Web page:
Succulent smoked pork chops are a big winner at any cookout. They don't take a long time to cook, especially if you choose the thinner chops. For flavor, use a dry rub, or they can simply be seasoned with salt and pepper before smoking.
But for better taste and texture, the pork chops can be brined before
smoking. By modifying the protein structure of the meat, brining
minimizes the shrinkage that squeezes out the flavorful juices.
A mixture of three-quarters of a cup salt to one gallon of combined water and juice is used for this recipe. One gallon of brine is enough for three to four pounds of pork chops.
Herbs, spices and other fruit juice or beverages can be substituted if you'd like to experiment with different flavors. Here's one of my brine recipes that I used with these half-inch thick chops.
The apple juice adds some sweetness to the smoky chops... pork and apple is traditional combination that works well. After brining, a simple dry rub made with black pepper and dried Italian herbs was added- an optional step that will add another layer of flavor.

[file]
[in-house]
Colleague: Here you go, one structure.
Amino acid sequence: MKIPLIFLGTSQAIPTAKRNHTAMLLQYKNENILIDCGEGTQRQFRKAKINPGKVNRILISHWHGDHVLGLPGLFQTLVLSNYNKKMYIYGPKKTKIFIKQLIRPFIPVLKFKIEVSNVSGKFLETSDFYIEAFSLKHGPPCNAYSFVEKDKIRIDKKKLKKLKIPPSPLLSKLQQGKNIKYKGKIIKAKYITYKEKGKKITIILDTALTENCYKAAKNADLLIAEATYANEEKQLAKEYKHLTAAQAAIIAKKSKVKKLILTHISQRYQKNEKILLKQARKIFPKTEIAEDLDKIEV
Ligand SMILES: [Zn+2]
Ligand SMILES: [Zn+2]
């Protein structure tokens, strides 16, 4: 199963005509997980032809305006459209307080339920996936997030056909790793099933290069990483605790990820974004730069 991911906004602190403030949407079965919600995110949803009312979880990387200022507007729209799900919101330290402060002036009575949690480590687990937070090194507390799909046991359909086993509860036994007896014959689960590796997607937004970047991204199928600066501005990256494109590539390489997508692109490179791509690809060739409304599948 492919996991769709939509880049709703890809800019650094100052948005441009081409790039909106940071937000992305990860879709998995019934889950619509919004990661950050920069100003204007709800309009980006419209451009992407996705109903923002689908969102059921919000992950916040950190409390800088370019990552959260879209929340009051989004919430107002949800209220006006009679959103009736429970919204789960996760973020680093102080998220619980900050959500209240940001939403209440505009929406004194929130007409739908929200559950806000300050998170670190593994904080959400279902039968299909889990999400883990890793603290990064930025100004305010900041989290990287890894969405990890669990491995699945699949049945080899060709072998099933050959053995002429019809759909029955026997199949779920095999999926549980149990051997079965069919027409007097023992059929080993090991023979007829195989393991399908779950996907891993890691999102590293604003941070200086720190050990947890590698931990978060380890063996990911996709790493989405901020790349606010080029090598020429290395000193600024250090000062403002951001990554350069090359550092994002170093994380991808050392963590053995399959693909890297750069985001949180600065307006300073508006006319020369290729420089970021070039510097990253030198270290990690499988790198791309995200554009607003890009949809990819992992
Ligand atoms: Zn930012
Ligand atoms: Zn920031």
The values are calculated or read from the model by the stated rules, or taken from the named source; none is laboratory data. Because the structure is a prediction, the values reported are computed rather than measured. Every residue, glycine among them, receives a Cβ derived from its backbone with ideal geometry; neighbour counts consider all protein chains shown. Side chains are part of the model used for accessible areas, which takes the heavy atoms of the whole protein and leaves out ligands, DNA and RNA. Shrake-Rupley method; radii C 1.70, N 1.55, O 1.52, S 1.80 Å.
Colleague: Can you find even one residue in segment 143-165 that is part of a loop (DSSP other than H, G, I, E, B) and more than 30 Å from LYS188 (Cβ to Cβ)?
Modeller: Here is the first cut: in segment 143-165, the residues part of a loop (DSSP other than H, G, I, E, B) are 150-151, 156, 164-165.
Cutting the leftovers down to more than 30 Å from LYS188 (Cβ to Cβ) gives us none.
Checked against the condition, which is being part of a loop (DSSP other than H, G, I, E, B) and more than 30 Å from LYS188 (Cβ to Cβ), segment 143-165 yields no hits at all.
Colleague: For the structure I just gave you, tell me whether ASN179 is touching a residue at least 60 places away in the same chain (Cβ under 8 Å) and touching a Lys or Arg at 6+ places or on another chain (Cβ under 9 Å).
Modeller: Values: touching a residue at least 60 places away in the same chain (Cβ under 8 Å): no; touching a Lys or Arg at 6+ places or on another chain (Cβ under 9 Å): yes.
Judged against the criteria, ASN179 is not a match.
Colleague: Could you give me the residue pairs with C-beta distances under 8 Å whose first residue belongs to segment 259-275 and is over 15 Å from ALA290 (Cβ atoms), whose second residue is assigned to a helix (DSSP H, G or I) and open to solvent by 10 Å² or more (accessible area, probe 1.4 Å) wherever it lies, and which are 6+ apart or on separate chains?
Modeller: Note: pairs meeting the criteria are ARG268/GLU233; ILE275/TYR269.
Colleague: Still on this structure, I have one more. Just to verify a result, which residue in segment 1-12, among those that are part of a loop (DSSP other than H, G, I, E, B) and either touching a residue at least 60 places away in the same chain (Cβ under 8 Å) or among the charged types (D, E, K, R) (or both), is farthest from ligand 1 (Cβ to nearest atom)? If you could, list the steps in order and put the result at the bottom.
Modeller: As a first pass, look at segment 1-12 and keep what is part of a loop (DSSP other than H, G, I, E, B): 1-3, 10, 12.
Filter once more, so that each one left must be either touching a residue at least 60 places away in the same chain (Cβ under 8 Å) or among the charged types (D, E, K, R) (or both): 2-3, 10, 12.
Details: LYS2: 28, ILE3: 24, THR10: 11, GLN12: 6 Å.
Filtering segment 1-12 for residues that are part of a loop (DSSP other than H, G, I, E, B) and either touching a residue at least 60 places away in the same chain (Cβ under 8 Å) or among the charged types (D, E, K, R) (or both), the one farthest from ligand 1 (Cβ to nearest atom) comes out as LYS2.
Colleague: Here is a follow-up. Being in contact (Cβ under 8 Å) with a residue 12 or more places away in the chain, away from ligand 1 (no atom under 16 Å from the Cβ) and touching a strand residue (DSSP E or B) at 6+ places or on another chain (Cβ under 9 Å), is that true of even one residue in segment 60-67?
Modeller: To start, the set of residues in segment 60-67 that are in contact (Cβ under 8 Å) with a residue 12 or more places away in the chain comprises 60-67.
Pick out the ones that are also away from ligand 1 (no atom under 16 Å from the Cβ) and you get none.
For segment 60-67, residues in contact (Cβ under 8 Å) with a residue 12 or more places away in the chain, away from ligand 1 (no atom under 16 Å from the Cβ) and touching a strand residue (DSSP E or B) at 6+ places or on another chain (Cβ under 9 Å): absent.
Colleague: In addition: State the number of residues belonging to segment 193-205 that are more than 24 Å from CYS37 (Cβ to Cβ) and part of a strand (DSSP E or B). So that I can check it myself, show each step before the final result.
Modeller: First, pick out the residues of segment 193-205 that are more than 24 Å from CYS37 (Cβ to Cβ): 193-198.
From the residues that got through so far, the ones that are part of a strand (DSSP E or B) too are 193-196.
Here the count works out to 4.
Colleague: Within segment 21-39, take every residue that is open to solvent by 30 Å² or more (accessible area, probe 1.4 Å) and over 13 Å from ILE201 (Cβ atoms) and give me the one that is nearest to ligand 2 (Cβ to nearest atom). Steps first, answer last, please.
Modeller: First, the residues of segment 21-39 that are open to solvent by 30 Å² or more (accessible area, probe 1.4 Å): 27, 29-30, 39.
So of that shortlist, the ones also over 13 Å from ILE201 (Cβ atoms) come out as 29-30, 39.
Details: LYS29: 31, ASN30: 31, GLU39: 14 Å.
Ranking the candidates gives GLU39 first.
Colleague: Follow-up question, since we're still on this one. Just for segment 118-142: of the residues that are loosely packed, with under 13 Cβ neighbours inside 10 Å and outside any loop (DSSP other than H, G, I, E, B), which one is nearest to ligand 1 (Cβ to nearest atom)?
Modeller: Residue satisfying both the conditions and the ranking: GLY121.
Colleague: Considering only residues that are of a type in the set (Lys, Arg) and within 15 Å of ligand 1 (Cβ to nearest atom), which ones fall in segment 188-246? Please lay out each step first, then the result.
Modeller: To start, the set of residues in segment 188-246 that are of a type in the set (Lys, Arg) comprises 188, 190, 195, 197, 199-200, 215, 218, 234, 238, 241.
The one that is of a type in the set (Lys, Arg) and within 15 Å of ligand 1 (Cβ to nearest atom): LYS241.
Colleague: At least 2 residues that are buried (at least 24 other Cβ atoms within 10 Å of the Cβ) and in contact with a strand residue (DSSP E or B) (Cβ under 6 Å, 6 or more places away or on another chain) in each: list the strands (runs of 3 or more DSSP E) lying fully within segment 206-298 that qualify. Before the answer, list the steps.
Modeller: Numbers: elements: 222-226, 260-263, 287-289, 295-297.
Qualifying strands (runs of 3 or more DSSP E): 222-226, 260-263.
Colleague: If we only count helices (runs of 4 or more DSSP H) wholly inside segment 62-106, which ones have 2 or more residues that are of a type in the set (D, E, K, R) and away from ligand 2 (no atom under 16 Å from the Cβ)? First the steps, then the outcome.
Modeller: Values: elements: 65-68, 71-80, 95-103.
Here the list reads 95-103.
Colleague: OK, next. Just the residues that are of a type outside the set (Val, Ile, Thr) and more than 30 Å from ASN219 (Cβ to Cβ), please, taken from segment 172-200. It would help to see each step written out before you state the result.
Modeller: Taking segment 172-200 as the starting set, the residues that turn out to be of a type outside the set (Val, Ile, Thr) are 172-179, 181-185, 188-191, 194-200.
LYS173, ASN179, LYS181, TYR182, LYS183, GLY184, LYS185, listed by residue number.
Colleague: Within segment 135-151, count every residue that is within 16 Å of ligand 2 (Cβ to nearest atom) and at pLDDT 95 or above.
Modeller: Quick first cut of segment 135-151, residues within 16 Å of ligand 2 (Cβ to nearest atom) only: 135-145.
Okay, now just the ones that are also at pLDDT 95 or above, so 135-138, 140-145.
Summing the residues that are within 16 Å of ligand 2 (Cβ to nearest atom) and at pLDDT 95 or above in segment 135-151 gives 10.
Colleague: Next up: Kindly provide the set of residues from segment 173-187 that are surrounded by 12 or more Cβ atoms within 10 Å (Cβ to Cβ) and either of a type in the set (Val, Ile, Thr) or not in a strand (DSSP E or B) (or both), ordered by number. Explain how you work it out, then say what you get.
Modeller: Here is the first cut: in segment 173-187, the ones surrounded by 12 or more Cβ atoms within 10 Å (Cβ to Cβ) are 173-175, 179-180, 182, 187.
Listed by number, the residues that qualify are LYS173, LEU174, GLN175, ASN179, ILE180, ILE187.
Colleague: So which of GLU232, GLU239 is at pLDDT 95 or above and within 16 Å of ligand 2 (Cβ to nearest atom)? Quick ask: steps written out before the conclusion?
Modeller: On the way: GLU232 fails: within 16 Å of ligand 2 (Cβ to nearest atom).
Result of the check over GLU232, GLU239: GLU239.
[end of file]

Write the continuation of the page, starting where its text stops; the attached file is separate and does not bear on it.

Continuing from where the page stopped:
Pork chops are safely done when cooked to medium, a temperature of 145 degrees Fahrenheit. At this temperature, the pork will be slightly pink. Pork no longer has to be cooked to well-done in order to make it safe. Learn more about pork safety at this USDA page, Pork, Farm to Table.
A smoker temperature of 225 to 250 degrees Fahrenheit is ideal for smoking the loin chops. Depending on the thickness of the meat and smoker temperature, the chops will take from two to four hours to smoke.
My preference of smoking wood leans toward fruit woods, like apple or pear, or hickory. Mesquite and oak can overpower the flavor unless used in very small amounts.
A traditional barbecue calls for a heap of
smoky beans alongside the smoked pork chops, at least in my neck of the woods. Other options that compliment the taste of the chops well would be a variety of
grilled veggies that can be cooked on your gas or charcoal grill as the pork chops are finishing up in the smoker.